Breaking down Gruden's move to Monday Night Football

Gruden Still quite a buzz around town that former Bucs coach Jon Gruden was picked to replace Tony Kornheiser as analyst on Monday Night Football. Here's the news story I wrote for the Times, as well as a spot-on column by Times sports columnist Gary Shelton.

Here are some leftover thoughts and tidbits from the big announcement.

* Gruden and Norby Williamson, ESPN's executive vice president of production, were on a conference call Monday with the national media and the one thing that stuck out was how neither would comment on just how long Gruden was committed to Monday Night Football. One would guess that ESPN would prefer Gruden to give a long-term commitment -- at least two years. Had Gruden given that kind of promise, either he or Williamson would have said so, or so one might think. But the fact that neither did and purposefully dodged at least a half-dozen questions on the subject leads one to believe that Gruden made no promises beyond the upcoming season.

One could surmise, too, that a one-year deal would give ESPN an out if Gruden is not quite as good as most think he will be.

Anyway, it should be noted that not long after he was fired in January by the Bucs, Gruden took up an office in the St. Pete Times Forum where he meets with other coaches and breaks down game film. Sounds like someone still interested in coaching, doesn't it? And that's no secret. Even as he was accepting a job with ESPN, Gruden admitted he missed coaching.

Cowher But here's a name to think about: Bill Cowher. When Cowher walked away from the Steelers after the 2006 season, most assumed he would be out of coaching for a season, two at the most. But he found out how enjoyable (and relaxing) broadcasting is and his perfect coaching job -- or one that is better than his gig at CBS -- hasn't come along just yet. Don't look now, but Cowher will be back at CBS for a third year come fall. Maybe Gruden will hang out in the MNF booth longer that we think. Then again, maybe he won't.

Favre * If Gruden is a one-year wonder in the booth, as many think he will be, why would ESPN go through the trouble of breaking in Gruden this year and then having to break in another analyst next year? This is pure speculation, but a year from now -- maybe, finally -- Brett Favre will give up playing for good and will be looking for a job.

* As far as Gruden being wooed by another network, it doesn't sound as if that happened. Gruden said he wasn't considering any other offers. NBC, which appears to have a spot open in its studio, did not talk with Gruden and the guess is because Gruden couldn't give NBC a long-term commitment. Dick Ebersol, NBC Sports' chairman, doesn't seem like a guy who is willing to let his network become a pit stop for coaches between jobs.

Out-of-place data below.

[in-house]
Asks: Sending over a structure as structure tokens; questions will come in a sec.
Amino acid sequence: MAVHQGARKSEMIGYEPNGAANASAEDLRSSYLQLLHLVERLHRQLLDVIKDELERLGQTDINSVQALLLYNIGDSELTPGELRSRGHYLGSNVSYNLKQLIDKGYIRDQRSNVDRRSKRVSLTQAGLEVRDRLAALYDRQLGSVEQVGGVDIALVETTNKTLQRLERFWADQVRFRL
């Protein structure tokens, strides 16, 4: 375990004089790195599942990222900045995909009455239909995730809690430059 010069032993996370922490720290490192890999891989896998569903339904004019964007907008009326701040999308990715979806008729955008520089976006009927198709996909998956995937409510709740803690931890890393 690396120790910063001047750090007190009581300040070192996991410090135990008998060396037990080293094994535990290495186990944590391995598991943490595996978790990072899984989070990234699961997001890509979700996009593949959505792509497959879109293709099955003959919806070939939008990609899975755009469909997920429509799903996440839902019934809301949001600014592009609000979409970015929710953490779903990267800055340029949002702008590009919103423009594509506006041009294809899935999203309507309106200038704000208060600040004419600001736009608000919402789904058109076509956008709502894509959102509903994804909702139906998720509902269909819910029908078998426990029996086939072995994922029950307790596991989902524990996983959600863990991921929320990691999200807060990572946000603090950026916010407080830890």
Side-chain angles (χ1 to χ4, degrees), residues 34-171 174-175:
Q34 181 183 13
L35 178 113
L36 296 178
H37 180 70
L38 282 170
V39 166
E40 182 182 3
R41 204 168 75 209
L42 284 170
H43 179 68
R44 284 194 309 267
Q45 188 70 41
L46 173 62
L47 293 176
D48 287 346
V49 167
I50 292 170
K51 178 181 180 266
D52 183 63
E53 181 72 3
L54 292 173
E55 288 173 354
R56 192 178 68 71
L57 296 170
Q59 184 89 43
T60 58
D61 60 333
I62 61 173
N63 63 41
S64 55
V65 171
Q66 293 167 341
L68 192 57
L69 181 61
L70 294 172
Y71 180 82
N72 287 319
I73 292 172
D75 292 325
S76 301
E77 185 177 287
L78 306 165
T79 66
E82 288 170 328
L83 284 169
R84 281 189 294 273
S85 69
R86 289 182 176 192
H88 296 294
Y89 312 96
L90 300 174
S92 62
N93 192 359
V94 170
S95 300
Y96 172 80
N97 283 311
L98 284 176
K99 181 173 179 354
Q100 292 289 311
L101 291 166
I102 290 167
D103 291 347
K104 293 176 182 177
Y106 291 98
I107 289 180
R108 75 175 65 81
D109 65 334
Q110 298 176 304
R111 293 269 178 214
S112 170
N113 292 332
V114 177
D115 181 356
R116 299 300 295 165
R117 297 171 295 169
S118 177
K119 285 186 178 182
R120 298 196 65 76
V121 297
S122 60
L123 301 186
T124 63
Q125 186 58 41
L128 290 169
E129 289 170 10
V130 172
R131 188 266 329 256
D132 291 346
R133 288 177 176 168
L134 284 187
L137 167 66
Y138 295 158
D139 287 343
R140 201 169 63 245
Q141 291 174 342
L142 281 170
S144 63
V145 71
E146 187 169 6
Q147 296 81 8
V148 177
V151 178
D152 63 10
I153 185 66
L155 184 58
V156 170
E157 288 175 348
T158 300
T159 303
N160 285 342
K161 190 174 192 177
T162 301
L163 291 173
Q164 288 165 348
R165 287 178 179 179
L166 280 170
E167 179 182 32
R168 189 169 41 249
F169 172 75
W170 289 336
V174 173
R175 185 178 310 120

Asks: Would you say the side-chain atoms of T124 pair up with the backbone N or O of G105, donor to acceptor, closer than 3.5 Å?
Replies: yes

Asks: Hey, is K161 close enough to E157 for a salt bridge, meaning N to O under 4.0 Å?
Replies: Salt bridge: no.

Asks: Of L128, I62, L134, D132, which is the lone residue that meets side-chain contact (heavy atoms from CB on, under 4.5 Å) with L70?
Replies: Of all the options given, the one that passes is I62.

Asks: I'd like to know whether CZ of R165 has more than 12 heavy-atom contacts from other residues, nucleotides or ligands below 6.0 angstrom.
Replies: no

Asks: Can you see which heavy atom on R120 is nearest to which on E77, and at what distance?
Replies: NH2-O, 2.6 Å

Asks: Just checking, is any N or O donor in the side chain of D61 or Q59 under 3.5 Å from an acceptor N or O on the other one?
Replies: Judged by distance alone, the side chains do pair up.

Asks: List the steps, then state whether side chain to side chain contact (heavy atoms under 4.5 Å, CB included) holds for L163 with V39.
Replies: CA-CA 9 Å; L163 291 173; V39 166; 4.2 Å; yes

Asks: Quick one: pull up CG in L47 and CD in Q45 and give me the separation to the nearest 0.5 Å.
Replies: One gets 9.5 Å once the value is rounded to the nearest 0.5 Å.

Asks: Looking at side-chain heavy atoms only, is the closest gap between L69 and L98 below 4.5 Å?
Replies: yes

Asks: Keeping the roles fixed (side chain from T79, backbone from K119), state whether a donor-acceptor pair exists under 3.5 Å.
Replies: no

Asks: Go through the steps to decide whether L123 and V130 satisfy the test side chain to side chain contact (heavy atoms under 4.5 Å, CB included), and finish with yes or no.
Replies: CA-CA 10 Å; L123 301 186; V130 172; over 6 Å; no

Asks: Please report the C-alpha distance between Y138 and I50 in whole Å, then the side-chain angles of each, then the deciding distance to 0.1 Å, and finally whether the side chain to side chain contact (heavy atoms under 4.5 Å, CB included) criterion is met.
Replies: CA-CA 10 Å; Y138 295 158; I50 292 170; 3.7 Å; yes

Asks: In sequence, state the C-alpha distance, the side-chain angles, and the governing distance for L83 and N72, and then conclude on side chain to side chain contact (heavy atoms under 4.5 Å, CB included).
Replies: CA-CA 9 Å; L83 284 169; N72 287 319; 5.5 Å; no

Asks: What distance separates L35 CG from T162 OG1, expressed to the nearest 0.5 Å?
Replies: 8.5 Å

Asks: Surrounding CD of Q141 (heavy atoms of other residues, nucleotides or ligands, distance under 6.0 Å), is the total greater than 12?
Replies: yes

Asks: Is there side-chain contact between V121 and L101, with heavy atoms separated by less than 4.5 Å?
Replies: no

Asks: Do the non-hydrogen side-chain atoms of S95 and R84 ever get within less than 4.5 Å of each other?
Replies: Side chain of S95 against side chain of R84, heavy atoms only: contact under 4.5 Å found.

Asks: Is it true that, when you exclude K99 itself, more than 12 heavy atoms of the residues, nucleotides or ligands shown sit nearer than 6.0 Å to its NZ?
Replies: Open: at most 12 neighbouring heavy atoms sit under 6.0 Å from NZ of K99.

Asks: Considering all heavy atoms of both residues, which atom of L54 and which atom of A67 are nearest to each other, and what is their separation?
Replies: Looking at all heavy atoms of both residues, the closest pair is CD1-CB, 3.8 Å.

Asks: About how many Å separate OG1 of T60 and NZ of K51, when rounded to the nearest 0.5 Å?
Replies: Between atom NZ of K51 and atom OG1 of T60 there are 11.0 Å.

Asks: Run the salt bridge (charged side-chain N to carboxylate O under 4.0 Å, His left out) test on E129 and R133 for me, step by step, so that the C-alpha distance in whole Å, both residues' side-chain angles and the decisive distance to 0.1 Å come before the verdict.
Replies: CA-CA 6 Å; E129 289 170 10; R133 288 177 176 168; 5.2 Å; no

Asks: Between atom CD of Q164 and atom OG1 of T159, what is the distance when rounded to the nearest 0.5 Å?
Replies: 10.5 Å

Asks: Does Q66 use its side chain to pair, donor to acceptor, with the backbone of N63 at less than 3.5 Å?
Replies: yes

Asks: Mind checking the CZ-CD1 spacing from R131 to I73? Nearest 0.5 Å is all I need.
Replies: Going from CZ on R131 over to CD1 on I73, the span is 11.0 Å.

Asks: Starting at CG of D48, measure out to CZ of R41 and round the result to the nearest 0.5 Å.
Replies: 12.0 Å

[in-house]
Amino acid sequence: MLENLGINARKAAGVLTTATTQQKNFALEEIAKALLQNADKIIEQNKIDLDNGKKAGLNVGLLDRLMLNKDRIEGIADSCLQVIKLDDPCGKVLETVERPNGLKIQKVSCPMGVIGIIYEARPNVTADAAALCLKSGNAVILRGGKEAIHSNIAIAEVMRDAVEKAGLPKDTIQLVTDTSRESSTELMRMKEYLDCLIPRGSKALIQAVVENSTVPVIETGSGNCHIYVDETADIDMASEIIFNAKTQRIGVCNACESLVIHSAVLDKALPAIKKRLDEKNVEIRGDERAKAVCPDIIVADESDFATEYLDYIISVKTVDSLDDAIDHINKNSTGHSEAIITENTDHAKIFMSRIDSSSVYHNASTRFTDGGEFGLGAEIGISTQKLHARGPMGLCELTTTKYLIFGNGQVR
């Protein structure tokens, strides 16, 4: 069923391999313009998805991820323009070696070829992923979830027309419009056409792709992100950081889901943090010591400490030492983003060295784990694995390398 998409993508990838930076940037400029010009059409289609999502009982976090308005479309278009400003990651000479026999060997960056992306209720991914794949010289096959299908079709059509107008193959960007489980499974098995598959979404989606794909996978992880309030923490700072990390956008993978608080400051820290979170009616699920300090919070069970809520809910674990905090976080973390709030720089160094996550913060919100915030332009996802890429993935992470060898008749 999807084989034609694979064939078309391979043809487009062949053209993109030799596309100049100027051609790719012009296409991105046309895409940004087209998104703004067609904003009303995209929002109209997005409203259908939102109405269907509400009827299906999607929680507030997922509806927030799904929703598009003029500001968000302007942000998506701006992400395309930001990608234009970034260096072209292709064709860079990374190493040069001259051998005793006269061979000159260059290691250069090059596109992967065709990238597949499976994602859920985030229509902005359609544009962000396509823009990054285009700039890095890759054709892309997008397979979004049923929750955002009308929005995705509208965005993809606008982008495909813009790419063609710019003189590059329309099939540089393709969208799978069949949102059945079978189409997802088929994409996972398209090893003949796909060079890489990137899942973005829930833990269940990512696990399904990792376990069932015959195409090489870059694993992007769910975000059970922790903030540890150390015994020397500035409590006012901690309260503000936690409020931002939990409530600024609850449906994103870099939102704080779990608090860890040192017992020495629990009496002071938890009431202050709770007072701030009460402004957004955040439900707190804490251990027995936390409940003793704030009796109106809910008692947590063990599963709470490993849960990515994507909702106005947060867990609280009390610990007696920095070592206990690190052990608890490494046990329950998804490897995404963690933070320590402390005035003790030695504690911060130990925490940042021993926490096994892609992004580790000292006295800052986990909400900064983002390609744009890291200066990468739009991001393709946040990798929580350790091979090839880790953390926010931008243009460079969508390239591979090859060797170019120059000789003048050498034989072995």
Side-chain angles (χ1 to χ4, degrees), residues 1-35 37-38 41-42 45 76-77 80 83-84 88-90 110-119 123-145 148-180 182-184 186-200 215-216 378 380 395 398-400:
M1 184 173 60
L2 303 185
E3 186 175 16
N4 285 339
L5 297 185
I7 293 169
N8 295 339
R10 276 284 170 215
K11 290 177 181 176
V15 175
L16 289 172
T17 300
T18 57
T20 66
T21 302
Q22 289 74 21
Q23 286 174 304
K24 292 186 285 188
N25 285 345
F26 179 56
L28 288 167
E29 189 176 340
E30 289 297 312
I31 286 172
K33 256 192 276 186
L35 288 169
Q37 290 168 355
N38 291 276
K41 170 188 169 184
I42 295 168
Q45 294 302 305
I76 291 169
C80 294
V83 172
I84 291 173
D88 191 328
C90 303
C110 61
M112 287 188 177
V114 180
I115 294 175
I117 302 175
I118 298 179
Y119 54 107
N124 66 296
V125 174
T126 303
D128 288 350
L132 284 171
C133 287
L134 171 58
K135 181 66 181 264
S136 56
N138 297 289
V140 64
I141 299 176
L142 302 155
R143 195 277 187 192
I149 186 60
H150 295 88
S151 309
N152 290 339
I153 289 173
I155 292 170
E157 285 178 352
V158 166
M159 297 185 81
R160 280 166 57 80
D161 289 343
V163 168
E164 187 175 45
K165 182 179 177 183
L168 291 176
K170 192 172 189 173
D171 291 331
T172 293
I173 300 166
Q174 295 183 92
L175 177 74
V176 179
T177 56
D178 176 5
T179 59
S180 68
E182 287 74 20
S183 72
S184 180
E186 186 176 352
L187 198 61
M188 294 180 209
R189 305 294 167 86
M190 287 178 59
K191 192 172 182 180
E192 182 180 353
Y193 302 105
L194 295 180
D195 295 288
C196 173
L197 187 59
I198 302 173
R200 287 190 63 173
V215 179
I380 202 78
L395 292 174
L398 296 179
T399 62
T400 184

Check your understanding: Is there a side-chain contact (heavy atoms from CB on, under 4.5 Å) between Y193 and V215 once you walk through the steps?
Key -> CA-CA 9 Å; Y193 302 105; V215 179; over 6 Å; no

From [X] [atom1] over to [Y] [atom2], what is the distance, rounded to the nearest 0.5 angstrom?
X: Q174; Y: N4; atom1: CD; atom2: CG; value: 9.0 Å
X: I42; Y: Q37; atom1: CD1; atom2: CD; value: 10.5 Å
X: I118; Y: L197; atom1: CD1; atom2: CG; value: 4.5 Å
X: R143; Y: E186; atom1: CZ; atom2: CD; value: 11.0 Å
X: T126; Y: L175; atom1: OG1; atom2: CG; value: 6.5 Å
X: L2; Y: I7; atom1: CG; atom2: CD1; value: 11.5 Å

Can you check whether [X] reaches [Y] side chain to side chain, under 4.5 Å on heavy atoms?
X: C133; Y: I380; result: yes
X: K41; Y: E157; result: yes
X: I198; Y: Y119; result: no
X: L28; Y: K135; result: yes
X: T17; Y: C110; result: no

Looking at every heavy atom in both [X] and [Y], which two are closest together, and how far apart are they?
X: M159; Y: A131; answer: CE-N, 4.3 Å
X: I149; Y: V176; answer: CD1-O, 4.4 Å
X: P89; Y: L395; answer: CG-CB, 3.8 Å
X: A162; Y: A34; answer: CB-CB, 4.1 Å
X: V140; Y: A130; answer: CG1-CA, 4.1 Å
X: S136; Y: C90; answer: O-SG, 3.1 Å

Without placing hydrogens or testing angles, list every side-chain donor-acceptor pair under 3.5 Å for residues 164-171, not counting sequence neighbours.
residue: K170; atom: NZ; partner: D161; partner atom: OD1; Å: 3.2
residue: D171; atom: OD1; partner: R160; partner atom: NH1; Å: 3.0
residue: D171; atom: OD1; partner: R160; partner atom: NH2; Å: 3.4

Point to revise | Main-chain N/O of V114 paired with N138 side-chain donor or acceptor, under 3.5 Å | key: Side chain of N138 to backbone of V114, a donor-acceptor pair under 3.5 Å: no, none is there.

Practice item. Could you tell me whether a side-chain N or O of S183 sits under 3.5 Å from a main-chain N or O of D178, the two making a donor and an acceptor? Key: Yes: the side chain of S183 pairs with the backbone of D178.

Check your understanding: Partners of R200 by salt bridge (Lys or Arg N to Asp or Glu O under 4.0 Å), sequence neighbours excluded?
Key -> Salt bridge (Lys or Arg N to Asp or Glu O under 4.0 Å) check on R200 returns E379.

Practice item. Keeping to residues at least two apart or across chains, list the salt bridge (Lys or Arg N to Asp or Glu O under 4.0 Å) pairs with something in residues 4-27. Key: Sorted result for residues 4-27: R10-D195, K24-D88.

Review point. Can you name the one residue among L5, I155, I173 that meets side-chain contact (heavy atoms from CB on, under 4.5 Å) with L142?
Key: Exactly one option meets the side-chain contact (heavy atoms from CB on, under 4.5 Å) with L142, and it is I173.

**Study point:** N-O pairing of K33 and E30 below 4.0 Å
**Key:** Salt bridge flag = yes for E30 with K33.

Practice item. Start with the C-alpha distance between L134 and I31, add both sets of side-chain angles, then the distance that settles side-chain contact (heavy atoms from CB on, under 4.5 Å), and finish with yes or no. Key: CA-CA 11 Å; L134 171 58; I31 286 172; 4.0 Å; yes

Kornheiser * Many out there seem to think Tony Kornheiser didn't walk out the door, but was pushed. ESPN insists it was Kornheiser's decision to leave and, well, I believe them. I do believe it was Kornheiser's call. So why would Kornheiser leave a once-in-a-lifetime job for a sportswriter? For starters, Kornheiser, who lives in Washington D.C., does have a fear of flying and the MNF schedule in 2009 has just six games in the Eastern Time Zone. The other reason Kornheiser might have left is because he was tired of the criticism. Kornheiser took a beating from fans, bloggers and media critics for his performance and he might have become fed up with the whole thing.

* I actually thought Kornheiser did a good job on MNF. Many didn't like him because, I believe, they didn't understand the role he was supposed to play. He wasn't there to be another Dennis Miller, ripping off one-liners and obscure references. And he certainly wasn't there to be another ex-player or ex-coach breaking down X's and O's. The way I saw it, Kornheiser was there to represent the fan in the booth, to offer comments and ask questions that the average guy on the street might say or ask. Sure, he could be funny and if he noticed something, he could point it out. But when he fulfilled his central role and asked partner Ron Jaworski a question or said something that a fan would say, most accused him of simply not knowing the game. I believe Kornheiser was everything ESPN wanted and expected him to be. Diehard fans just didn't want that and that's too bad because at least Kornheiser was different than the standard ex-jock and he brought a perspective that no one else brings to any other college or pro game. Now it's doubtful that another network will try such an experiment in the near future, if ever again.

[Last modified: Monday, June 14, 2010 3:42pm]

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